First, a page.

Chapter three continues Luke’s parallel between John and Jesus. In the first two chapters we find the angelic announcements of the two, followed by their births, circumcisions / namings, and a brief account of their boyhoods. John’s story always came first, then Jesus’. Now, in chapter three, we find the beginning of their respective ministries. Again, Luke’s pattern continues first with John, then Jesus.
Unlike the other writers, Luke offered a couple of broad timeframes to identify the beginning of their ministries. John began before Jesus, since Jesus was baptized by John then sent into the wilderness (chapter four) before officially beginning to preach. Thus, Luke dated John’s ministry (3:1-3) but only mentioned Jesus’ approximate age (3:23). Luke used the timelines of six rulers to narrow down the year: Tiberius Caesar, Pontius Pilate, Herod, Philip, Lysanias, and Annas/Caiaphas (3:1-2), though only “the fifteenth year of Tiberius Caesar” is precise. John began to minister at some point in A.D. 29 and baptized Jesus later that year, probably during the summer or fall, when Jesus would have been 32 years old. “About 30 years old” (3:23) is an accurate approximation. 1
As Malachi prophesied (4:5-6) and Gabriel promised (Luke 1:16-17), John’s message had one main theme: the Messiah is coming so prepare your hearts. Baptism was (and still is) a frequently-used method to identify oneself with a prophet’s message, so John baptized many people who repented of their sin in light of Messiah’s imminent arrival. It is interesting that one of the natural results of their clean hearts was the desire to do good works. John did not offer good works in place of repentance for sin but as further proof of repentance. Baptism is a single event, but good works are to be a believer’s lifestyle.
Luke ended this section with what seems to be an unimportant afterthought. Matthew began his story with Jesus’ heritage. Why would Luke include it buried after his baptism? There are at least two reasons.
First, whereas Matthew focused on Jesus’ Jewish and royal line (promoting Abraham and David), Luke focused on his human line, which came solely through Mary. Although Mary is not named here, this is her family tree. Joseph became “the son of Heli” (or “Eli”) by marrying Heli’s daughter; Joseph’s father was Jacob (Matthew 1:16).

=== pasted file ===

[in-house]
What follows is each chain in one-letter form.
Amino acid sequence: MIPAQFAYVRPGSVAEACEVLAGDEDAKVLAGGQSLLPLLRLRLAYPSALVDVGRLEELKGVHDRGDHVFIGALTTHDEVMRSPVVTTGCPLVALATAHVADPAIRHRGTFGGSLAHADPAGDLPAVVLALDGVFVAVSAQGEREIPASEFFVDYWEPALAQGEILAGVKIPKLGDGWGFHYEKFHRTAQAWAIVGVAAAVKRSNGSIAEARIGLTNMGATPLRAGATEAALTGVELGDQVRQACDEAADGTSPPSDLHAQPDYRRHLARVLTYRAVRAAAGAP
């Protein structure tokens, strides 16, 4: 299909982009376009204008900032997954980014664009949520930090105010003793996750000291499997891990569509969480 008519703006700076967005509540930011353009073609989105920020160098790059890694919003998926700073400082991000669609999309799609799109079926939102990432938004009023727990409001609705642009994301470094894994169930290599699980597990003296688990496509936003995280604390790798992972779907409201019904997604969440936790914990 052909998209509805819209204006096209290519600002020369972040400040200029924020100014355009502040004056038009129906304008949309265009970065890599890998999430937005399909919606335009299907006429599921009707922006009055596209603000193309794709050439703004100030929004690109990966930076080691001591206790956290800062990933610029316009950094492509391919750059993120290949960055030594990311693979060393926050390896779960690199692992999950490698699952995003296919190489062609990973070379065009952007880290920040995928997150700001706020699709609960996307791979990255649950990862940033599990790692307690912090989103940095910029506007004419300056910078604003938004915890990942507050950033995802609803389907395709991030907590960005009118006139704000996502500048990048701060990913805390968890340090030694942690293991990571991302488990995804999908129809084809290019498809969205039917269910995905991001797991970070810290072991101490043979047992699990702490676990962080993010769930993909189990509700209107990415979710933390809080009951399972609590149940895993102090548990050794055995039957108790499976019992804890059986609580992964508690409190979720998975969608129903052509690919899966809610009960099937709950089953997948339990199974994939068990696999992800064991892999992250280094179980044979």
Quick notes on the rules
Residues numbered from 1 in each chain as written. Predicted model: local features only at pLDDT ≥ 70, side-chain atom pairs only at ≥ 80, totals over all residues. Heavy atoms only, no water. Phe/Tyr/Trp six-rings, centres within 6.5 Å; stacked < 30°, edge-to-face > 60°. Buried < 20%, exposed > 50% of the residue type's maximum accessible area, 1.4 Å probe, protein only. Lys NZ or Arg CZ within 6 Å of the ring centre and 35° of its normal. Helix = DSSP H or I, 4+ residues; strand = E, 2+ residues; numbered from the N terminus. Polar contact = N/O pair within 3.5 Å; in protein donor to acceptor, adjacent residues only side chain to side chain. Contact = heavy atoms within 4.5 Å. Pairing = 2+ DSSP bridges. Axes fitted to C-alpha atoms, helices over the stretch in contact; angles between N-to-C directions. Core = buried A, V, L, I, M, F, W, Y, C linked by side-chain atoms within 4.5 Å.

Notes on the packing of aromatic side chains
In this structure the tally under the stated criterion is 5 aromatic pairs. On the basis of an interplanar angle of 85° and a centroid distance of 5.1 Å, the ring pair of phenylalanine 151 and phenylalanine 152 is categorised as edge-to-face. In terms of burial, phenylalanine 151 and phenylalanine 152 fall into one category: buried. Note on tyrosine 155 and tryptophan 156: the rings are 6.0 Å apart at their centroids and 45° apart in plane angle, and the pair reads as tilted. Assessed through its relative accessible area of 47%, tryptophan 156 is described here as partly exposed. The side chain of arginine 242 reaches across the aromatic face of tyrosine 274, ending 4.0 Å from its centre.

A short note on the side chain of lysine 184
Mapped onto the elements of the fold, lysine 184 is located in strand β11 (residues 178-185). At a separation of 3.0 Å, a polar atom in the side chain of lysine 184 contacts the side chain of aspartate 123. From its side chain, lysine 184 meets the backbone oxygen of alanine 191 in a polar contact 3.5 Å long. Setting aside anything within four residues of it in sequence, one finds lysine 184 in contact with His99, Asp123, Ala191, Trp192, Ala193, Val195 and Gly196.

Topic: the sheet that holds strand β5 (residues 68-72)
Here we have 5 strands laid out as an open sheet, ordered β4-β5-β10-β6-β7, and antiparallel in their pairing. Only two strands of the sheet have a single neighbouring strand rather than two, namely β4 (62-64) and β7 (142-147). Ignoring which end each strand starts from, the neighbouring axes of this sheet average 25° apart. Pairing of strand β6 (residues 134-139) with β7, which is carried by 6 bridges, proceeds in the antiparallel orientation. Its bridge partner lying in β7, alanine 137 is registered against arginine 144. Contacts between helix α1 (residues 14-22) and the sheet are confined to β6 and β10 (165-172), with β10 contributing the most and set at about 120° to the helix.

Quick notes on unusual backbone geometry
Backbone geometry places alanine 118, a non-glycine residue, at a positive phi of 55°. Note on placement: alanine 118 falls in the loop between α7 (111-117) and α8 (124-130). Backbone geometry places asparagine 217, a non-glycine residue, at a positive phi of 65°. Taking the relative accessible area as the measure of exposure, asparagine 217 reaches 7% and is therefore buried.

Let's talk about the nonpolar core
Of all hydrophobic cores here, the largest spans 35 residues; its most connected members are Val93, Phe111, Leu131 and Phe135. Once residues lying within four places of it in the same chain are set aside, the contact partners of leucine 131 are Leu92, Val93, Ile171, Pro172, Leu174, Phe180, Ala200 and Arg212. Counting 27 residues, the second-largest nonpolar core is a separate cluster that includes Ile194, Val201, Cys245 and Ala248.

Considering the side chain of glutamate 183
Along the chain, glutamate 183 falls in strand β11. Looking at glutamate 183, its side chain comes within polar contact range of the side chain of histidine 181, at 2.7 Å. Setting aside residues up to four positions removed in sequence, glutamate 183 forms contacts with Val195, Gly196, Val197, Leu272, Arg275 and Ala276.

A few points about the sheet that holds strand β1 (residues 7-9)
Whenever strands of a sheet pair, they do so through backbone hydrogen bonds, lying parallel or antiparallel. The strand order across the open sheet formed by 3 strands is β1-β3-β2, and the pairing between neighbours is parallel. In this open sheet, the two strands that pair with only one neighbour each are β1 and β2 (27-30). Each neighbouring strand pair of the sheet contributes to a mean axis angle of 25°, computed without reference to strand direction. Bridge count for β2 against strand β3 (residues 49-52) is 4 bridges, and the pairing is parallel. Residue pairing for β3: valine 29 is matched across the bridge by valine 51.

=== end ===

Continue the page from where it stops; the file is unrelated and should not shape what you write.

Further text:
Second, Luke traced Jesus all the way back to Adam, the direct creation of God, to encompass the entire human race. This emphasizes that Jesus was more than just Jewish. Jesus’ temptations, ministry, and sufferings would all affect him to the core of his humanity, and his work would be for all humans, not just the Jews. As we will see, Gentiles will receive much more attention in Luke than the other gospels, and Jesus’ humanity – especially his weaknesses and sympathies – will be on full display. Luke placed the genealogy precisely at this point to remind us that Jesus was as human as those he came to save.
- Jesus’ first Passover after his baptism, recorded in John 2:12-25, would have been in the spring of A.D. 30, following his 33rd birthday.
Harold Hoehner gives a thorough treatment of the dates for John’s and Jesus’ births, ministries, and deaths in his book, Chronological Aspects of the Life of Christ. All dates offered here are based on Hoehner’s research and conclusions. ↩
2 thoughts on “Luke 3”
Did Luke have to go to school to be a Dr? What would he title been? Dr Luke? Did people use a last name? Thank you..
I don’t know about their schooling, but the Greeks were doing formal medicine for centuries before Jesus. I’m sure he would have had a title. Paul called him “the beloved physician” in Colossians 4. Most of the time, last names were built as “son of” or “daughter of” their father’s name. We’re never given any background information about Luke.
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